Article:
It’s always a thrill to see a completely unfamiliar bird when exploring a new area. But there is also a comfort in recognizing something relatable when exploring a new area. A great example of both the unique and the familiar are the kingfishers.
Classified into three subfamilies, there are more 100 different species of kingfishers worldwide. Most are easily recognizable as kingfishers, even if the exact species is unknown. Motmots, bee-eaters, todies, rollers, and ground-rollers are all related to kingfishers and fit within the Coraciiformes order.
Kingfisher species share bulky bodies types with relatively thick heads. Heavy bills and strong feet are universals within the family. Some show shaggy crests, and most have short stiff tails. Despite similarities in form, functionally this group of birds fills a variety of ecological niches.
The birds can thrive in a number of habitats from coastal mangroves to desert climes. The diets are kingfishers are quite varied. Not all specialize in eating fish. The shovel-billed kookaburra scoops up worms with a built-in spade, for example. Nearly all are diurnal, but the hook-billed kingfisher is a nocturnal predator.
The lore of kingfishers spans many societies. The sacred kingfisher is a holy bird for Polynesians, but many cultures hold kingfishers in high regard. Others, however, believed certain kingfisher species were bad omens.
Here is a world tour of some of the kingfisher all-stars from across the globe.
Belted kingfisher is the reference species for most people in the United States and Canada. With a 20-inch wingspan, the species is about average sized for the family. While striking, the blues of the belted kingfisher are more subdued than many other species. Belted kingfishers survive on a diet heavy in fish, and thus are usually found within close proximity to water.
Green kingfisher is more abundant in Central and South America, but the species can be located in the southwestern reaches of the United States from Arizona to Texas. This is one of the species that will dig nesting burrows, upwards of 3 feet deep, into riverbanks. They are about half the size of belted kingfishers but sport an especially massive bill.
Central & South America
Ringed kingfisher has an extensive range in Central and South America, but the species does extend into the southern tip of the United States in the lower Rio Grande Valley of Texas. The species has slowing been expanding range in Texas since the 1960s. Ringed kingfishers inhabit both fresh and saltwater environments.
Amazon kingfisher is a larger version of the green kingfisher. Like the other kingfishers of the Americas, this species is classified in the Cerylinae or water kingfisher subfamily. These birds often hover in place before diving after aquatic prey. In addition to fish, they will consume amphibians, reptiles, and invertebrates like crustaceans and insects.
Common kingfisher is a member of the Alcedininae or river kingfisher subfamily. This group is collectively referred to as pygmy kingfishers. These iridescent beauties are the only species of kingfisher found in much of Europe. They are also numerous in northern Africa and southern Asia to Indonesia and Papua New Guinea.
White-throated kingfisher is widespread in Asia with a range that stretches to eastern Europe. White-throateds have varied diets, and like many other kingfisher species, they will regurgitate pellets of undigested matter. White-throated kingfishers have been seen from sea level to nearly 7,500 feet up in elevation.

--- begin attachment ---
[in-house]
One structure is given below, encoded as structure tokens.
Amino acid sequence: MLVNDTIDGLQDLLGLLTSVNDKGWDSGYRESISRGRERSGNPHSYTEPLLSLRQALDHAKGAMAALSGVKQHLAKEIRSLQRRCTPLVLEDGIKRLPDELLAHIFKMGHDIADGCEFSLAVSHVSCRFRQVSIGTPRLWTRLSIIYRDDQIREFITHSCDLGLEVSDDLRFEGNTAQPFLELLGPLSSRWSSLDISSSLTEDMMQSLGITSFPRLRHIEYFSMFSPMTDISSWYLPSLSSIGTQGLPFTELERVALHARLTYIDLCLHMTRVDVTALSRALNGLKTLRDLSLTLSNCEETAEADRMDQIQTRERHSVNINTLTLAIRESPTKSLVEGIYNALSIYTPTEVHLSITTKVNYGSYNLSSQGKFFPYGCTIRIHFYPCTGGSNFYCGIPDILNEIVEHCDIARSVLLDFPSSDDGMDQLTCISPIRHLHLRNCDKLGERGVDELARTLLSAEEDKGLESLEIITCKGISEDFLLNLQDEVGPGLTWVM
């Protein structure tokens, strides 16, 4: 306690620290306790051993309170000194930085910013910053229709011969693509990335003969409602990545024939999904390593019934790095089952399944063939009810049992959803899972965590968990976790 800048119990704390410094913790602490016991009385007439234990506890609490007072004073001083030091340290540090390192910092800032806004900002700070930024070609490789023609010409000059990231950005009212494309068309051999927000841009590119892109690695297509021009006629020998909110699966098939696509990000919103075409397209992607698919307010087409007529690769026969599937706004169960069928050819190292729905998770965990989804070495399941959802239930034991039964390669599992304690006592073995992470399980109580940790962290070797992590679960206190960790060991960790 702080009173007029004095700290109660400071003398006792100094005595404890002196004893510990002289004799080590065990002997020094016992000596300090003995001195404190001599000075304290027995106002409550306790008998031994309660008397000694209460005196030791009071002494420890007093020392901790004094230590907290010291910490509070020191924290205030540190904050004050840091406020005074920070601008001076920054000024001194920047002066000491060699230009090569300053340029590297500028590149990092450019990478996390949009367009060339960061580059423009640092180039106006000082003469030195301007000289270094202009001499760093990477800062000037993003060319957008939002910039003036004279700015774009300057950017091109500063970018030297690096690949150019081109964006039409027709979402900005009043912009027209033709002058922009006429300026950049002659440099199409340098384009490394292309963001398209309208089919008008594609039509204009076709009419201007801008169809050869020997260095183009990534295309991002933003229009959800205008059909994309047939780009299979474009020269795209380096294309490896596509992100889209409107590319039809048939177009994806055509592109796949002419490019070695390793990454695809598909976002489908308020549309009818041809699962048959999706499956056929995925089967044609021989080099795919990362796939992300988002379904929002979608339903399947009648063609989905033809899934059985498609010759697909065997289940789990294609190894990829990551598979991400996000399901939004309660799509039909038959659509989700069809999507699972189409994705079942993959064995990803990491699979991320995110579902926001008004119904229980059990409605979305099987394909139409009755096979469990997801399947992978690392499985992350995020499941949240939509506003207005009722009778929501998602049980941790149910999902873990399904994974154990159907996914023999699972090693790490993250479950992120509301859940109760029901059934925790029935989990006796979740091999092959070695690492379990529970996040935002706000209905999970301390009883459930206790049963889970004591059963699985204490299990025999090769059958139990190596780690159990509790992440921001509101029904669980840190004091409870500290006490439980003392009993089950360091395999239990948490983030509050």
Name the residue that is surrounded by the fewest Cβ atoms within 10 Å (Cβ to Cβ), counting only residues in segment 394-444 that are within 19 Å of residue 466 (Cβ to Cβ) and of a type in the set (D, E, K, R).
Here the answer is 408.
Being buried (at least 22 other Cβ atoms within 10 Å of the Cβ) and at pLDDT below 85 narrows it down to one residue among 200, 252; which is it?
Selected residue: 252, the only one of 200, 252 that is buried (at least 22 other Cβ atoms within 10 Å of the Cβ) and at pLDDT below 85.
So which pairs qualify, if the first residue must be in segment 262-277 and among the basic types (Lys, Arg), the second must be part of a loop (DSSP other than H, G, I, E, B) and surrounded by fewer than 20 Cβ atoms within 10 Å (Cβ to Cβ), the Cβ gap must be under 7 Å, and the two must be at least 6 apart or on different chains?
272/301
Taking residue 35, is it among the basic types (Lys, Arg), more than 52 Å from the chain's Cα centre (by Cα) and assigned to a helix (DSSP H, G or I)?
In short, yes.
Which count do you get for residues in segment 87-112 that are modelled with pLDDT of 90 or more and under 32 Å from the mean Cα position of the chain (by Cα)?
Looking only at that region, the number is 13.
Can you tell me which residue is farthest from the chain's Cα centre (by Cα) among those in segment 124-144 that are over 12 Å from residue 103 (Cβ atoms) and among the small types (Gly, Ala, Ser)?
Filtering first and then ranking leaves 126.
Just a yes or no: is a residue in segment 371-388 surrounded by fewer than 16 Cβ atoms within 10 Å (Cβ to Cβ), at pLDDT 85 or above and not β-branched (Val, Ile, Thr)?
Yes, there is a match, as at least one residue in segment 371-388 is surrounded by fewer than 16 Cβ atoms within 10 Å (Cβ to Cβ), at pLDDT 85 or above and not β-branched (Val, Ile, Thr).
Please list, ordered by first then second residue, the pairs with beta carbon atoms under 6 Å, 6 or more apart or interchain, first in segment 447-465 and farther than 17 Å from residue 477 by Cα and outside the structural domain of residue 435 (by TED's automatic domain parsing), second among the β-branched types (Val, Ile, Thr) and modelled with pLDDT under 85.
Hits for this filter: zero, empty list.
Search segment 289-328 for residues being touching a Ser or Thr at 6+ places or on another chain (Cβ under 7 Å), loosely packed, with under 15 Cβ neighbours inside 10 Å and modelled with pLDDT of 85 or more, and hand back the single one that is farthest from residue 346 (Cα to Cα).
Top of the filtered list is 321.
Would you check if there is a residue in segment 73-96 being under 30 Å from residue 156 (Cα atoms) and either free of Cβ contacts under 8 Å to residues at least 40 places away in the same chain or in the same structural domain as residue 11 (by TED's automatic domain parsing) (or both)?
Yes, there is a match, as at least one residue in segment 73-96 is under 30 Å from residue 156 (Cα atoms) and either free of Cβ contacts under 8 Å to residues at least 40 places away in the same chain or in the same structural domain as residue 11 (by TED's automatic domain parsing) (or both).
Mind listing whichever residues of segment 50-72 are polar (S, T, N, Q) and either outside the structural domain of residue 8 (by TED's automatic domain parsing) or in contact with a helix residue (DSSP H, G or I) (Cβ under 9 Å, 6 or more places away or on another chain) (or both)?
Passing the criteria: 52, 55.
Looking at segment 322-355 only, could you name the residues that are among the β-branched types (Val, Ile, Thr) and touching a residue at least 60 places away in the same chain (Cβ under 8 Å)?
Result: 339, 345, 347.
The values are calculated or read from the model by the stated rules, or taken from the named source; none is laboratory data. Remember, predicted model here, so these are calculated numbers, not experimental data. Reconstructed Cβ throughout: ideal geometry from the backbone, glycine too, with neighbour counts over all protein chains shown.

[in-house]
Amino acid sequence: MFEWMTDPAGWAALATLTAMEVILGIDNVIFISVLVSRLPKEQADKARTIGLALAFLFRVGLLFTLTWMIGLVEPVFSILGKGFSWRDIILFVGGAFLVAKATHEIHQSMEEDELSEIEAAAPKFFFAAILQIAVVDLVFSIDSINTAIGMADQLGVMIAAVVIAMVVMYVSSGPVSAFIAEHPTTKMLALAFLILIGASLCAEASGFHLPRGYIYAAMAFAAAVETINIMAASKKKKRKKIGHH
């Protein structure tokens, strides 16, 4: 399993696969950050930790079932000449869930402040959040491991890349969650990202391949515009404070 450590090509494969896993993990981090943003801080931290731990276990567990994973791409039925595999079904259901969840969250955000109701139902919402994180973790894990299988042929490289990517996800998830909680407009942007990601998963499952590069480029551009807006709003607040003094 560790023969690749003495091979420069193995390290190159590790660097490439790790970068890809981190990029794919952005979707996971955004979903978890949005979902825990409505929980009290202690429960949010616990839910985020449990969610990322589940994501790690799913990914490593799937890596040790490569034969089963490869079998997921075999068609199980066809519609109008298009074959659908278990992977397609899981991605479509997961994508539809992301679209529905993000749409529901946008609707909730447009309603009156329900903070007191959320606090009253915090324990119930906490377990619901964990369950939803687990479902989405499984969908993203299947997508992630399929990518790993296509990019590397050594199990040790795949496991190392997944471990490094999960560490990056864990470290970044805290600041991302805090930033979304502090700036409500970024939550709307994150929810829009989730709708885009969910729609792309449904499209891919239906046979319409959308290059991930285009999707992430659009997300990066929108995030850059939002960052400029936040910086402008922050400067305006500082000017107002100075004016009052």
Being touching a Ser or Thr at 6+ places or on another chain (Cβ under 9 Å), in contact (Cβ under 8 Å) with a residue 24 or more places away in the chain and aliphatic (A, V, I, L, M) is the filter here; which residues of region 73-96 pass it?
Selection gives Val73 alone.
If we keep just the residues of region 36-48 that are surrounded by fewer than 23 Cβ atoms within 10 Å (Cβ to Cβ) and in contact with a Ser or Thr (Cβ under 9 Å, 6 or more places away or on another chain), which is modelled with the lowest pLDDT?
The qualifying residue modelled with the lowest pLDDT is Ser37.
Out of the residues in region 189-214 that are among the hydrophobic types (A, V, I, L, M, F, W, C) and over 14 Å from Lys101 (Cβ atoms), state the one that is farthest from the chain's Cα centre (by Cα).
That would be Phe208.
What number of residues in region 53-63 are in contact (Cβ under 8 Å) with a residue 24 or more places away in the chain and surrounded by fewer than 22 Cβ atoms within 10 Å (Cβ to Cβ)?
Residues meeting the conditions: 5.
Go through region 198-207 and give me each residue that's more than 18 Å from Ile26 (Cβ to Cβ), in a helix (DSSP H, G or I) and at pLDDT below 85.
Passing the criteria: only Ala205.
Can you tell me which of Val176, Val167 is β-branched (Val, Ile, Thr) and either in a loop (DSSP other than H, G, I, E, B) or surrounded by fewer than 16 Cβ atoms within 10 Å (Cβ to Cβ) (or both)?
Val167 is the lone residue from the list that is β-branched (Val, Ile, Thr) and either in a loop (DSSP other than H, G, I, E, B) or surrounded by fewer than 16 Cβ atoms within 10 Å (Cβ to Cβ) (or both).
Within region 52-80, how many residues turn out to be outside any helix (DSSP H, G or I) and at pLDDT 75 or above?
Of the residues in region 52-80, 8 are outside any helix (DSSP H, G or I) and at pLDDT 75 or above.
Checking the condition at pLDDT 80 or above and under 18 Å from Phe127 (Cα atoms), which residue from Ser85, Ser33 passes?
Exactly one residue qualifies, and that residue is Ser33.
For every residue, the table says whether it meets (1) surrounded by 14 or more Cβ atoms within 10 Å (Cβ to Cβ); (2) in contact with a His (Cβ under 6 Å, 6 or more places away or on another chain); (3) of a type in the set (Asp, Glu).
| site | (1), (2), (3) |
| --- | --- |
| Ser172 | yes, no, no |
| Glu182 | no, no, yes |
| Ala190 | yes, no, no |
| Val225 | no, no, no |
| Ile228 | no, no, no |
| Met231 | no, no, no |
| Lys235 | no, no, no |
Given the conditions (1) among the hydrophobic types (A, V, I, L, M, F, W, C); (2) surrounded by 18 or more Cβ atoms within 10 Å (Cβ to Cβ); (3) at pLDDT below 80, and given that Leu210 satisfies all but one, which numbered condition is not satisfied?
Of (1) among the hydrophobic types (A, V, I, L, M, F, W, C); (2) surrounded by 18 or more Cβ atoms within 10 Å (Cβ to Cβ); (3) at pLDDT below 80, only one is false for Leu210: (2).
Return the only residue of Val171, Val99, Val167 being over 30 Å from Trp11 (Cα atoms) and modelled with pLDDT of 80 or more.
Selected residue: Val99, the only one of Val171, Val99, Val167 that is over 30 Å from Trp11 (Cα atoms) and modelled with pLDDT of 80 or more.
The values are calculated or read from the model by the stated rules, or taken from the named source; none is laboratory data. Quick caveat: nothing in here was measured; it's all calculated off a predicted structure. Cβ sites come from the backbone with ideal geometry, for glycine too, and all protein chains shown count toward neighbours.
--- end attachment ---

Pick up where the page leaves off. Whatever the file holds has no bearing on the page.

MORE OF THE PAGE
Banded kingfishers are located in the global hotbed of kingfisher diversity, Southeast Asia. Male and female plumage is different in a number of kingfisher species, but banded take this sexual dimorphism to the extreme. In a few types of kingfishers, the females are more elaborately plumaged, but for bandeds, males are more ornate.
Black-backed dwarf-kingfisher is the smallest kingfisher, but it is impossible to overlook this brilliantly bright bird. The warbler-sized species is found in lowland forest habitat pockets from India to Indonesia. It has a wide-ranging diet including geckos, crustaceans, amphibians, and invertebrates.
The laughing kookaburra is perhaps the most famous of the kingfishers, and at roughly crow-sized, is one of the largest. Kookaburras are in the most diverse subfamily the Halcyoninae or tree kingfishers. The rapid-fire staccato call of the laughing kookaburra is especially enthusiastic, but many other species rattle off similar territorial notes. Kookaburras can be locally abundant in city parks and open woodlands in eastern and southwestern Australia where they feed on both aquatic and terrestrial prey including fish, lizards, snakes, birds, and small mammals.
Buff-breasted paradise-kingfishers are found along the northern Australian coast and on the island of New Guinea. Nesting occurs within termite mound burrows excavated with their bright orange bills. These birds forage on the ground or in the forest canopy dining on invertebrates and small reptiles and amphibians. Difficult to see despite strong coloration, the long white tail streamers are commonly flicked up and down revealing the presence of perched birds.
Striped kingfisher is a species open savanna and thorn scrublands. Insects, especially grasshoppers, are a preferred food source. Like other kingfishers, this species hunts from a perch, captures prey, and often returns to the perch to pummel the morsel on the branch before consuming it.
Pied kingfisher is an especially widespread species found from Cape Town, South Africa, to Beijing, China. It is the most pelagic species with a diet heavy in fish. Pied kingfishers hover over open water, plunging down to take prey that they then eat on the wing. Many kingfishers are quite territorial, but this species is notably gregarious, returning to overnight roosts that contain numerous birds.